manço architects: halide edip adivar mosque
manço architects: halide edip adivar mosque manço architects: halide edip adivar mosque
aug 15, 2012

manço architects: halide edip adivar mosque

manço architects: halide edip adivar mosqueall images courtesy of manco architects




istanbul-based manço architects have conceived the ‘halide edip adivar mosque’, designated within a complex of mosque and supplementary buildings with various functions. the modern reinterpretation of the project fuses the surrounding neighborhood where the closed, semi-open and open spaces are open to public use, where the original ottoman kulliye lacked connection between its physical urban establishment. traditionally prayer is not performed beyond the mihrab, the wall facing mecca, accordingly the mosque is shifted to the site border, in order to maximize the open space to pray on.

remaining spaces besides the mosque were placed around the mosque to form a courtyard opening up to halide edip adivar street while providing isolation from the traffic noise of piyalepasa boulevard. the primary pedestrian entrance to the courtyard was planned north of the building and the most frequently used spaces such as a reading hall, charity society and men’s ablution room. education spaces were solved in a separate building that is secluded from its courtyard residences entered from halide edip adivar street were solved on the upper floor, along the neighbouring multi-storey buildings on the north side in order to provide privacy.

view from the street




considering the absence of islamic spatial prerequisites, the mosque was shaped with a contemporary attitude independent of formalistic clichés of classical ottoman architecture predominant in turkey. the ‘rectangular plan’ that is one of the few common aspects of islamic architecture based on the rule of lining up towards mecca during prayer, and the ‘single large inner volume’ in ottoman architecture were the two classical principles followed. nevertheless, in pursuit of a distinct form, a dome was not designed, especially considering the availability of different modern methods of covering wide spans. the side façades of the building were separated from the ground and the mihrab with a narrow glass strip, in order to emphasize the continuity of the praying lines inside and outside as well as the central role of the special room.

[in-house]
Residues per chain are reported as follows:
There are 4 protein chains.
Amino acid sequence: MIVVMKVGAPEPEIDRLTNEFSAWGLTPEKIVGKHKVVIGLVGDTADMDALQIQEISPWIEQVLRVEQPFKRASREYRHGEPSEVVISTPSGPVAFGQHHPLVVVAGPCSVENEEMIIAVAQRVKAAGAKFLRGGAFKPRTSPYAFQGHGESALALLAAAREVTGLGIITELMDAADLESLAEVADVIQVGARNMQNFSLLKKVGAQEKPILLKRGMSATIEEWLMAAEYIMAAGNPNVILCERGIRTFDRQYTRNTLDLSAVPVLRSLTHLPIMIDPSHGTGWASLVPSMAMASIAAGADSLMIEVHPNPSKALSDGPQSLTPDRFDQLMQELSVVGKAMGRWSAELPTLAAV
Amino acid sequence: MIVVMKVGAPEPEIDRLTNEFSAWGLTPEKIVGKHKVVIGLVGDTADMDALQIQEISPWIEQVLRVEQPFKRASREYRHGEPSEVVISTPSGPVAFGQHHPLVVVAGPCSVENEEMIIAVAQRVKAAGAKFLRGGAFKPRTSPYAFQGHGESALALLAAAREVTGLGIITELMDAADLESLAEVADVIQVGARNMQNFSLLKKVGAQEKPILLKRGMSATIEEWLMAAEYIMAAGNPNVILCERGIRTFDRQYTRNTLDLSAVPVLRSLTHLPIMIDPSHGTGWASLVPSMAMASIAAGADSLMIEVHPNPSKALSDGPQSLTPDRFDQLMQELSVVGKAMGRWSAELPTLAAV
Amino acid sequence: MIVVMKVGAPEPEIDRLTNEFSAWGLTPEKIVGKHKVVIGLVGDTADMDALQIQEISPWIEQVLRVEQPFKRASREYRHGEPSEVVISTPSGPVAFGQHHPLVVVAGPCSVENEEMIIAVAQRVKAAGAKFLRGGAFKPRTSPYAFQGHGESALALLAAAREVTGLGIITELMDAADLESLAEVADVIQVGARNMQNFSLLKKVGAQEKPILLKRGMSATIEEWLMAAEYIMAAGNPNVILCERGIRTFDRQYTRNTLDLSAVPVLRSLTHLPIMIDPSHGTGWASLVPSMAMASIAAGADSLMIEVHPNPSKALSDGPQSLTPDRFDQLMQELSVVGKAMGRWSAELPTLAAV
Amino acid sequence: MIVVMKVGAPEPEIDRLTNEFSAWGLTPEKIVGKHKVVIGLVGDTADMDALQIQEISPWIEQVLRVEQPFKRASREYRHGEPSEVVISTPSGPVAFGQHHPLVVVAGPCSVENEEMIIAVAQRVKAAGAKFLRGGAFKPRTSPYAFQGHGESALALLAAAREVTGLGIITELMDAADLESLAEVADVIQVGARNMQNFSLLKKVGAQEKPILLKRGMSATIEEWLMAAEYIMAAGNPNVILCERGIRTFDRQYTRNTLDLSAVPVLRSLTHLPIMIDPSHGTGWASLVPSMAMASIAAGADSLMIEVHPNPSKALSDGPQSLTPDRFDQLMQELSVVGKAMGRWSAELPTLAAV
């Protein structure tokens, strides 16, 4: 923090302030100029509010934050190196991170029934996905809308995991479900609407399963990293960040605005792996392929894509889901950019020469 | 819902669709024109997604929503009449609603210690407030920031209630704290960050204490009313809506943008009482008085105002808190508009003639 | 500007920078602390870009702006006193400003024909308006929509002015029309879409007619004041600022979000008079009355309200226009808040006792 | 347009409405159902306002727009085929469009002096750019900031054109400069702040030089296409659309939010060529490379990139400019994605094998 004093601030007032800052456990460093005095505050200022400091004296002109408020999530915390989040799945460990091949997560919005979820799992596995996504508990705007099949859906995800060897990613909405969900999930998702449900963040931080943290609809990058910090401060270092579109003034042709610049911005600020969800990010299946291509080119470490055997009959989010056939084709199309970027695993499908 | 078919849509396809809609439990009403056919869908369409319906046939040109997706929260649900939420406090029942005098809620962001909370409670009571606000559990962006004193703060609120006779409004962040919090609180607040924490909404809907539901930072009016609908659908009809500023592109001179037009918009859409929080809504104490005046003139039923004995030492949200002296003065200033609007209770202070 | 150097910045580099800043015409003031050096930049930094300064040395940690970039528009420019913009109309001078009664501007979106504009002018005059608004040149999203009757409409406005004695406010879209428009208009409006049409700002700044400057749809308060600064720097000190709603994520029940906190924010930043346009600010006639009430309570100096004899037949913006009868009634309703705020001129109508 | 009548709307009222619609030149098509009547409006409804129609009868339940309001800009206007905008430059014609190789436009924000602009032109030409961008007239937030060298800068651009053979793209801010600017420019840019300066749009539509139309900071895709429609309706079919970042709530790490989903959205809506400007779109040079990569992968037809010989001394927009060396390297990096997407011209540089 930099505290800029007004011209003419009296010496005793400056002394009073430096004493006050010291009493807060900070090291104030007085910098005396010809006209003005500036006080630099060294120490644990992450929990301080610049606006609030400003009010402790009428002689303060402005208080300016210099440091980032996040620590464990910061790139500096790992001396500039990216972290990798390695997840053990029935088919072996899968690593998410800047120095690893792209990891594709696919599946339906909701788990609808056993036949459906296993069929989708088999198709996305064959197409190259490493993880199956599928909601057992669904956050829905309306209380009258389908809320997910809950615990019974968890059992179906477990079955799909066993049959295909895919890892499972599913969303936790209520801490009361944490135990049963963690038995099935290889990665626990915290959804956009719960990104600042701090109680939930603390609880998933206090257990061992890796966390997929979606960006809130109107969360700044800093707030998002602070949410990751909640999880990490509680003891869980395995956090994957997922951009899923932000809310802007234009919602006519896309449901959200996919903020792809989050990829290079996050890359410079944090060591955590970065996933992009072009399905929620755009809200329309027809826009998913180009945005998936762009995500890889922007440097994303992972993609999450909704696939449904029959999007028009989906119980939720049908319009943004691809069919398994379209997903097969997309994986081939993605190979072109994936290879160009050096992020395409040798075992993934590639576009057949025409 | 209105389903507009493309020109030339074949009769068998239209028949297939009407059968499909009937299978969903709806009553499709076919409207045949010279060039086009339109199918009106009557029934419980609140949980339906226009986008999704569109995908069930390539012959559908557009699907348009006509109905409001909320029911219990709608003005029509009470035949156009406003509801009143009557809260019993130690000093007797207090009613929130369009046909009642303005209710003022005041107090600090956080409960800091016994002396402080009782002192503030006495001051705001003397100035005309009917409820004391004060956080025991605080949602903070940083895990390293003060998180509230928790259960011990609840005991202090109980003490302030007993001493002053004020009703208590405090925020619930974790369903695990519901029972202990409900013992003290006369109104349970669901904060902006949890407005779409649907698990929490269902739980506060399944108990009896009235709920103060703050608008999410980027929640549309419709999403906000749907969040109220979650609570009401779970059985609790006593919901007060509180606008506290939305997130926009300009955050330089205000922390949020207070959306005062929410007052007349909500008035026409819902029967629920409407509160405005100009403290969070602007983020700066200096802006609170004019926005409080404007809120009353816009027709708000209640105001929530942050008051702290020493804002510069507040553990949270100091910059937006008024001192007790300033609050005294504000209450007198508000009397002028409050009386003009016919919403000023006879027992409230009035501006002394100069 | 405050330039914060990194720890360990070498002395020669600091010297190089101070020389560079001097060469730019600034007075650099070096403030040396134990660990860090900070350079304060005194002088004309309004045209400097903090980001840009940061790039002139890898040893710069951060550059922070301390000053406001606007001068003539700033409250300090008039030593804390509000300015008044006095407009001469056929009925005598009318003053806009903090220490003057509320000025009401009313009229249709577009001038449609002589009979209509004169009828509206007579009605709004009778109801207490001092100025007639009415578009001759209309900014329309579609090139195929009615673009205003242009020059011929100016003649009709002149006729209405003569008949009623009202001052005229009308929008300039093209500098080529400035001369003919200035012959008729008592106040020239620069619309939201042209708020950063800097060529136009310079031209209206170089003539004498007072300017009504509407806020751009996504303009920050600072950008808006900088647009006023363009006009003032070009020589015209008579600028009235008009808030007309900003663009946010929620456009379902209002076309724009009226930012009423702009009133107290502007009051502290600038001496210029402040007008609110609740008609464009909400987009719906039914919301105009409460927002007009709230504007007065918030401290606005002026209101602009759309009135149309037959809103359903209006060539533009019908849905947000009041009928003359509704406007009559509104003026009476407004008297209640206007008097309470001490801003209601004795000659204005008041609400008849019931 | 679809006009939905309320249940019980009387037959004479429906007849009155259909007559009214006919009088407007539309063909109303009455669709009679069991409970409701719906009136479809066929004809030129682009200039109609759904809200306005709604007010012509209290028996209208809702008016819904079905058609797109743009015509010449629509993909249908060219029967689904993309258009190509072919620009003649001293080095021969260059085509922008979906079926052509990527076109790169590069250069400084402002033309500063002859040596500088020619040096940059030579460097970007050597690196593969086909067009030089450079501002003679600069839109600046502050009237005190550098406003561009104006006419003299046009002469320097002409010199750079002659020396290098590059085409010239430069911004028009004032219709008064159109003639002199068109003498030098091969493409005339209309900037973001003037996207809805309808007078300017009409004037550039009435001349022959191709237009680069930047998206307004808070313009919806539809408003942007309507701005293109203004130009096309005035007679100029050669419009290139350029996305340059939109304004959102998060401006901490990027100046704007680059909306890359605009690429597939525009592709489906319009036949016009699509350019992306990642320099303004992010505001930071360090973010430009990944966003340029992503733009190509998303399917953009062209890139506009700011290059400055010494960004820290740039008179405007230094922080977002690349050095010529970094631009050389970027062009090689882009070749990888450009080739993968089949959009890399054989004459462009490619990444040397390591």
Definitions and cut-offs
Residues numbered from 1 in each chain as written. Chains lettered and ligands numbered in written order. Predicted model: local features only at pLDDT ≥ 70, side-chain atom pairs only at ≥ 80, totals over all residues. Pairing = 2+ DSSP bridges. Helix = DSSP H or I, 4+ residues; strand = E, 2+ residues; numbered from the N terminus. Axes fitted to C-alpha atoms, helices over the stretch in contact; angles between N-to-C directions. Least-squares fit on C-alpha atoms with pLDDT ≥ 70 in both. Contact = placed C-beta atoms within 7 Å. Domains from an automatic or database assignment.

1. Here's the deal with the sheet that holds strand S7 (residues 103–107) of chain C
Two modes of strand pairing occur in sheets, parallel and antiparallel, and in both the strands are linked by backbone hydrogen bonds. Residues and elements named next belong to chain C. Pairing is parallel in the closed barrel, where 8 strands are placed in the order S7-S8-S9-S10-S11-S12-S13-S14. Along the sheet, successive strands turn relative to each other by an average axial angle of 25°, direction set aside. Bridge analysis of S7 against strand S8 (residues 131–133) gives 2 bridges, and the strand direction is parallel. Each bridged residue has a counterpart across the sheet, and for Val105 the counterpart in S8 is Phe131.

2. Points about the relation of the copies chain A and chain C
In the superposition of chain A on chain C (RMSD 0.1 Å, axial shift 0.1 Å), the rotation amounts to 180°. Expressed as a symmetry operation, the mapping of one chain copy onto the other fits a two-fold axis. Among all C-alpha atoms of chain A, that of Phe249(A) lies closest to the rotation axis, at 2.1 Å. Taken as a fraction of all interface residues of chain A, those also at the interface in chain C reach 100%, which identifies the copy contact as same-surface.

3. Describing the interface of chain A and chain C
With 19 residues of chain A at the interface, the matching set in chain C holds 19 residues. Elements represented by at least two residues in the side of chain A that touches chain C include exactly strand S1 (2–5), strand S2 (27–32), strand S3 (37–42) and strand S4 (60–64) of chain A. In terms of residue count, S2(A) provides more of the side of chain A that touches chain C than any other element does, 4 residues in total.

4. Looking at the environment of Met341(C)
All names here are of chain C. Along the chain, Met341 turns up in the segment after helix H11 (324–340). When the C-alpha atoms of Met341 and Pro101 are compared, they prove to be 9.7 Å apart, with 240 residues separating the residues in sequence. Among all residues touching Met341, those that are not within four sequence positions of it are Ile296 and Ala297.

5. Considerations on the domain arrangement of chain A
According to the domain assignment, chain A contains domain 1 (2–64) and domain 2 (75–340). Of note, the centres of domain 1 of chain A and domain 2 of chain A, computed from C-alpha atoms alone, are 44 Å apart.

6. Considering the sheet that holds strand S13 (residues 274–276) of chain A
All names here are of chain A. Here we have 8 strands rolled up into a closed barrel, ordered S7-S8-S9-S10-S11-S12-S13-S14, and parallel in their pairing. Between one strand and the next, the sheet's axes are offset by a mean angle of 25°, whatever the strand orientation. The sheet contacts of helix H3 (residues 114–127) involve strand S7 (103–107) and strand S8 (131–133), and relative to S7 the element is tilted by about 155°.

view from the street




the residence floor is planned as a wider slab blocking the harsh sunshine and creating a shaded semi open area underneath where a similar effect is provided with canopies uniting with the façades of the remaining buildings. the minaret being the foremost symbolical element of islamic architecture was designed as a standalone structure in order to retain the simplicity of the mosque mass. a pool was placed alongside the mihrab to stress the symbolism of water that is described in quran as ‘the source of life’, reflecting the exterior on its surface. a steel frame covered with glass, insulation layers and prefabricated external panels are proposed to reference the structural elements such as domes and arches shaping the interior in classical ottoman mosques.

view from the courtyard

view from the courtyard

men’s prayer area

mass diagram

2nd basement floor plan

1st basement floor plan

ground floor plan

1st floor plan

a-a section




designboom has received this project from our ‘DIY submissions‘ feature, where we welcome our readers to submit their own work for publication. see more project submissions from our readers here.

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